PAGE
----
A friend of mine has published his first novel and it is marvelous.
The Second Daughter is a book of charm and wit but ultimately, it shows us great emotional depth too. Its characters are very well drawn. My friend does an exceptional job of making readers empathize and care for a set of people who (with one exception) are not really likable or empathetic – at least in a conventional way. The initial love story pairs a classic odd couple of opposites and yet you can see how they come together and their relationship never seems implausible. The narrative makes the reader take the same emotional journey as the characters and introduces us to a wonderful cast of unique individuals. It strikes a remarkable balance — a very fun and funny book that ultimately also is sad, profound and redeeming.
It is a story about the Gale family. An uptight mother, her spontaneous, irresponsible husband and their two daughters; but ultimately it is about love in all its changing forms – romantic love, spousal love (and how it can be lost), sibling rivalry and parental love (and how it evolves.)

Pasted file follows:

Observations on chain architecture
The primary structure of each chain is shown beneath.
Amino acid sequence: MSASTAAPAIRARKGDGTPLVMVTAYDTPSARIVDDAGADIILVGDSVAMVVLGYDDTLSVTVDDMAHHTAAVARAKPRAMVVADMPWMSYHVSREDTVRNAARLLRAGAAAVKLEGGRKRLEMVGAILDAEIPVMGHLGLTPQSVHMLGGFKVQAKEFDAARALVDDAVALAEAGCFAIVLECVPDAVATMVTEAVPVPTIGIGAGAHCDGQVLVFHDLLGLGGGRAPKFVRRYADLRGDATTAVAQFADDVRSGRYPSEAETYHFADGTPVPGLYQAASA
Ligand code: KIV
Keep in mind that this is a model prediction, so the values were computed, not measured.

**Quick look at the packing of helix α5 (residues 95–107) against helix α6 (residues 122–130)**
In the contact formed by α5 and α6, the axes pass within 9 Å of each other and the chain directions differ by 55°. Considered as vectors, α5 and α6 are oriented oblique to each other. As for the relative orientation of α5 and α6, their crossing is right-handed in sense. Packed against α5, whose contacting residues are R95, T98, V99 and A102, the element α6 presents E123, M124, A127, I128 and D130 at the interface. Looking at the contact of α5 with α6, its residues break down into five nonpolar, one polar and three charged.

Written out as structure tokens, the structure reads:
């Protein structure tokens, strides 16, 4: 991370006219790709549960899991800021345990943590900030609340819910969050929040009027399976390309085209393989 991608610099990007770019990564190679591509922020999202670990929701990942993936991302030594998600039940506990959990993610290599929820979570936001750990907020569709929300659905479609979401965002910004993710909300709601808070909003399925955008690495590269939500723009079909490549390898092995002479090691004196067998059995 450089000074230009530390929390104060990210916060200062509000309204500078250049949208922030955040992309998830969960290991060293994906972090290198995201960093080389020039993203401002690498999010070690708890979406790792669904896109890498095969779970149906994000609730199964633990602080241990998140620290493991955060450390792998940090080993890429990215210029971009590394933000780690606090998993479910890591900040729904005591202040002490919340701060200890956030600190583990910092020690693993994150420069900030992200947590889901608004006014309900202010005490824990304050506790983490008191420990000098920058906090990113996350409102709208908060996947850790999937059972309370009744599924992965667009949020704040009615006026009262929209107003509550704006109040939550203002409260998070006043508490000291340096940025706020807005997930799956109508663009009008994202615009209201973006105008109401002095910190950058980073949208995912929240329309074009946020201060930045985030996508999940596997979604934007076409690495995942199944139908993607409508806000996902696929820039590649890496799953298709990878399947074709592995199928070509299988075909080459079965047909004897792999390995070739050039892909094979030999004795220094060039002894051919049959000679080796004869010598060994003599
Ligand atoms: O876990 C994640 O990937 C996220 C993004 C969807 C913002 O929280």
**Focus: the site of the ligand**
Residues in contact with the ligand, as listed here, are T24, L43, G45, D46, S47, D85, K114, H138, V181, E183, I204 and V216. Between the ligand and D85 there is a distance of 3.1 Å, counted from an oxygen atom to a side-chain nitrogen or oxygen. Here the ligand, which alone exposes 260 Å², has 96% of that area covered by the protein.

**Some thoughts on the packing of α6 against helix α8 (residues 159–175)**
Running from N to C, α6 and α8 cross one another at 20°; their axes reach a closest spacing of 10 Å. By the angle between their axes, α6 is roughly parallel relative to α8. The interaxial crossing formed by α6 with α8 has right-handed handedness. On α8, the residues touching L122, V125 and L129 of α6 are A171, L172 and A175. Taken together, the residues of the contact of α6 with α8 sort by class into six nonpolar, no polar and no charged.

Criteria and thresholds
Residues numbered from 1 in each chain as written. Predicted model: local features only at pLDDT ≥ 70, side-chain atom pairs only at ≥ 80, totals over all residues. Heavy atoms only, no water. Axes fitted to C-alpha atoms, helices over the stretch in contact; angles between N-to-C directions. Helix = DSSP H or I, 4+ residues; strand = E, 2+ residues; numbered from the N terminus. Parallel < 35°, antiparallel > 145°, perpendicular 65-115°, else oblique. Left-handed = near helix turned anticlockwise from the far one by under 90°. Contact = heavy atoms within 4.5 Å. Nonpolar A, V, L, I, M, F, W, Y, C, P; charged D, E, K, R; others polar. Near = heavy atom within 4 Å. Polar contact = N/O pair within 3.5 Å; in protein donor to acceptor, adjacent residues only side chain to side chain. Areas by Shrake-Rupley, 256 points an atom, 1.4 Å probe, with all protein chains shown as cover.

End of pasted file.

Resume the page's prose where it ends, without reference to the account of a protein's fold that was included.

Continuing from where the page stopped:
While the plot is a familiar well-worn journey, as told here, it is an intimate journey nevertheless. The anticipation of predictable events adds to the engagement with the reader – “I know what’s coming, I dread what’s coming, I have to read what’s coming next…”
I have to confess that I am jealous. My friend’s writing style is really engaging and readable. While it is funny and light, it still succeeds in painting detailed portraits. This book is so accessible in all the best ways – not insipid at all – but it never runs the risk of losing a reader by appearing to be written over someone’s head (the author is a very accomplished university philosophy professor.) I wish that I could write this well.
Finally this book’s subject and mastery of displaying the intimate connections that we make in families and screw up and regret and redeem against all odds is truly exceptional. My friend writes so well about women and relationships, establishing such strong empathy that this book while “chick-flickesque” in its subject matter, is a very good read for men or women alike. Check it out.